The Wampanoag Children In The 1600s

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To the Wampanoag People, children are the most sacred treasures. They are the footsteps to the future. When children are born, there is a ceremony to welcome them and to honor the Creator for their health. The Wampanoag People give gifts and thank the Creator for the beautiful gift of life.

Today, these traditions remain strong among the Wampanoag, as they were in the 1600s.

As Wampanoag children grew, the young boys learned to fish, hunt, gather and work on small crafts. They also learned about the animals and plants, because all life is sacred. They would learn from their parents and listen to stories from the Elders. They learned, for example, to respect the rocks, the water and the birds. They learned respect for one another. Young girls
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Of the 102 passengers Mayflower brought to New England in 1620, 32 were children. The lives of those children, although surprisingly similar in some ways to the lives of children today, were also very different.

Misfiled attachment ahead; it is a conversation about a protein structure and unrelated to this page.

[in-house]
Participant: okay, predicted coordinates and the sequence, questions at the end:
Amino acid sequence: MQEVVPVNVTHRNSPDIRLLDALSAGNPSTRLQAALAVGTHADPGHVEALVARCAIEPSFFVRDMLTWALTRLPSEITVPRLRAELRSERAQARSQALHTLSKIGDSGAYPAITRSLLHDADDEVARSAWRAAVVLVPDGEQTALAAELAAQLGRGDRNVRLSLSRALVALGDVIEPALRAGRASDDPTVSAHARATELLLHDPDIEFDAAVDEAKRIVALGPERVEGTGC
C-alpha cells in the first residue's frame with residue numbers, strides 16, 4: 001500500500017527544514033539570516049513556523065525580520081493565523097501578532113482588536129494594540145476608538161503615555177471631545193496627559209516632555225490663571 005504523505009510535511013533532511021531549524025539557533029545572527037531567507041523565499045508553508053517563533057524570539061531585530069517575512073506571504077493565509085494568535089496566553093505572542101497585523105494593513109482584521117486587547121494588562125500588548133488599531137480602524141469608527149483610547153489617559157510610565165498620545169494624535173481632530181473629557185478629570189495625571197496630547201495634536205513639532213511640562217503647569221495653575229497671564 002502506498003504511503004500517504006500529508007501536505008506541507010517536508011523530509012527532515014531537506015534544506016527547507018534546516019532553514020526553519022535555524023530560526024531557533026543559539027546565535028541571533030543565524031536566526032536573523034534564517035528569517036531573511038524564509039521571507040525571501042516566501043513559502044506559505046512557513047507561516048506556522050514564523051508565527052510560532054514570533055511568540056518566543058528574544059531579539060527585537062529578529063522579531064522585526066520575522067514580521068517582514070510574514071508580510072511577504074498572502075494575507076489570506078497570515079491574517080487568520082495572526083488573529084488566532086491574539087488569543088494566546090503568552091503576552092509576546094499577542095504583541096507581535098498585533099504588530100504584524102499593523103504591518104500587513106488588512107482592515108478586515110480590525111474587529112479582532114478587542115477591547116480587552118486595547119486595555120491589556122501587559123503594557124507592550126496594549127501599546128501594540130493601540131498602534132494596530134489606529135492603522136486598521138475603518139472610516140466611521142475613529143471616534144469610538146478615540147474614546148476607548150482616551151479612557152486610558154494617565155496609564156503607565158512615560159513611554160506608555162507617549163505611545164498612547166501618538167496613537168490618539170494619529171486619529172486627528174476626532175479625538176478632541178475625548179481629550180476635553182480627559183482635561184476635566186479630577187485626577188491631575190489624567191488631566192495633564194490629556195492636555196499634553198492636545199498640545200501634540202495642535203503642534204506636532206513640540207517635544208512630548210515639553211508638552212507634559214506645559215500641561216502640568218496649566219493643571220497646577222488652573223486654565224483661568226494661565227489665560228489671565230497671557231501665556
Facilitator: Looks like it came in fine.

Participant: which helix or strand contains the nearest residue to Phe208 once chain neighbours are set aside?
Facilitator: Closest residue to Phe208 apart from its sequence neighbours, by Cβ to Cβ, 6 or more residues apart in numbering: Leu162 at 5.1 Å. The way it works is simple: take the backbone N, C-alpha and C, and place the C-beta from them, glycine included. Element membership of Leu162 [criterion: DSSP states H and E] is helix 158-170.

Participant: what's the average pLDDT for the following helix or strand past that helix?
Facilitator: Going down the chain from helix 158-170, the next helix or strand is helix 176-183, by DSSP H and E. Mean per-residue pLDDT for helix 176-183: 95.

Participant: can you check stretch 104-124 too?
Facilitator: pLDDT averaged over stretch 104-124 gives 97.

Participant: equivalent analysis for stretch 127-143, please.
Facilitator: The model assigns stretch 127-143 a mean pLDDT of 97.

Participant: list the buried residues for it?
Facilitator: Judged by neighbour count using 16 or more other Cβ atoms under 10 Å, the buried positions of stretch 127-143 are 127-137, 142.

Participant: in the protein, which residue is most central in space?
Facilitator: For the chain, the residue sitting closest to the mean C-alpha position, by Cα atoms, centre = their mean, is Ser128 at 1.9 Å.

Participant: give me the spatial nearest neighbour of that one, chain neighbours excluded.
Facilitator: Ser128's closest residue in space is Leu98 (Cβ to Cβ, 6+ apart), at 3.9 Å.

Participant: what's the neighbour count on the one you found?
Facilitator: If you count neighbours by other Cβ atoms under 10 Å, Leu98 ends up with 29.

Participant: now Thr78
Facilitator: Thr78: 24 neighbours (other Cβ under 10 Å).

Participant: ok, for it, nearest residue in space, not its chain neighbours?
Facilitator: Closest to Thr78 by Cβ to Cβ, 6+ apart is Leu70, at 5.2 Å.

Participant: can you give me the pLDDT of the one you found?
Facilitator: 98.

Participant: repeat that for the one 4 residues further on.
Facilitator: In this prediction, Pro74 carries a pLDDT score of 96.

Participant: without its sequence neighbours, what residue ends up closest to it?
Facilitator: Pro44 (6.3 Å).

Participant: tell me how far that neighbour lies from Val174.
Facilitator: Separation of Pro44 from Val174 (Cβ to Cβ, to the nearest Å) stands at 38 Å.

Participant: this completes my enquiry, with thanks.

People in the 1600s thought differently about children than we do today. Children today, for example, are often allowed to make choices about things they would like to do, like selecting a musical instrument to play, deciding where to go on a family vacation, or choosing what games to play after school. Back in the 1600s, however, parents made all the decisions about their children’s lives.

The Pilgrims believed that children should be taught the skills they would need to survive as an adult. In Plymouth Colony, this meant that a large part of a child’s day was filled with work. Children as young as five could run errands, fetch wood and water, or even herd chickens. As children got older, their work became more and more important to the
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Many parents, however, taught their children to read and write at home. These lessons usually occurred in the evenings or in the winter when the farm work was finished. The Bible was the most common book in Plymouth Colony, so most children learned to read biblical passages. Children might also use a hornbook if their parents owned one. A horn book is a wooden paddle with pages of paper attached to it. The pages were printed with useful letters like the alphabet, a list of diphthongs (when two vowels are combined to make one sound), and the Lord’s Prayer. The pages were protected by a clear cover made of a thin slice of cow
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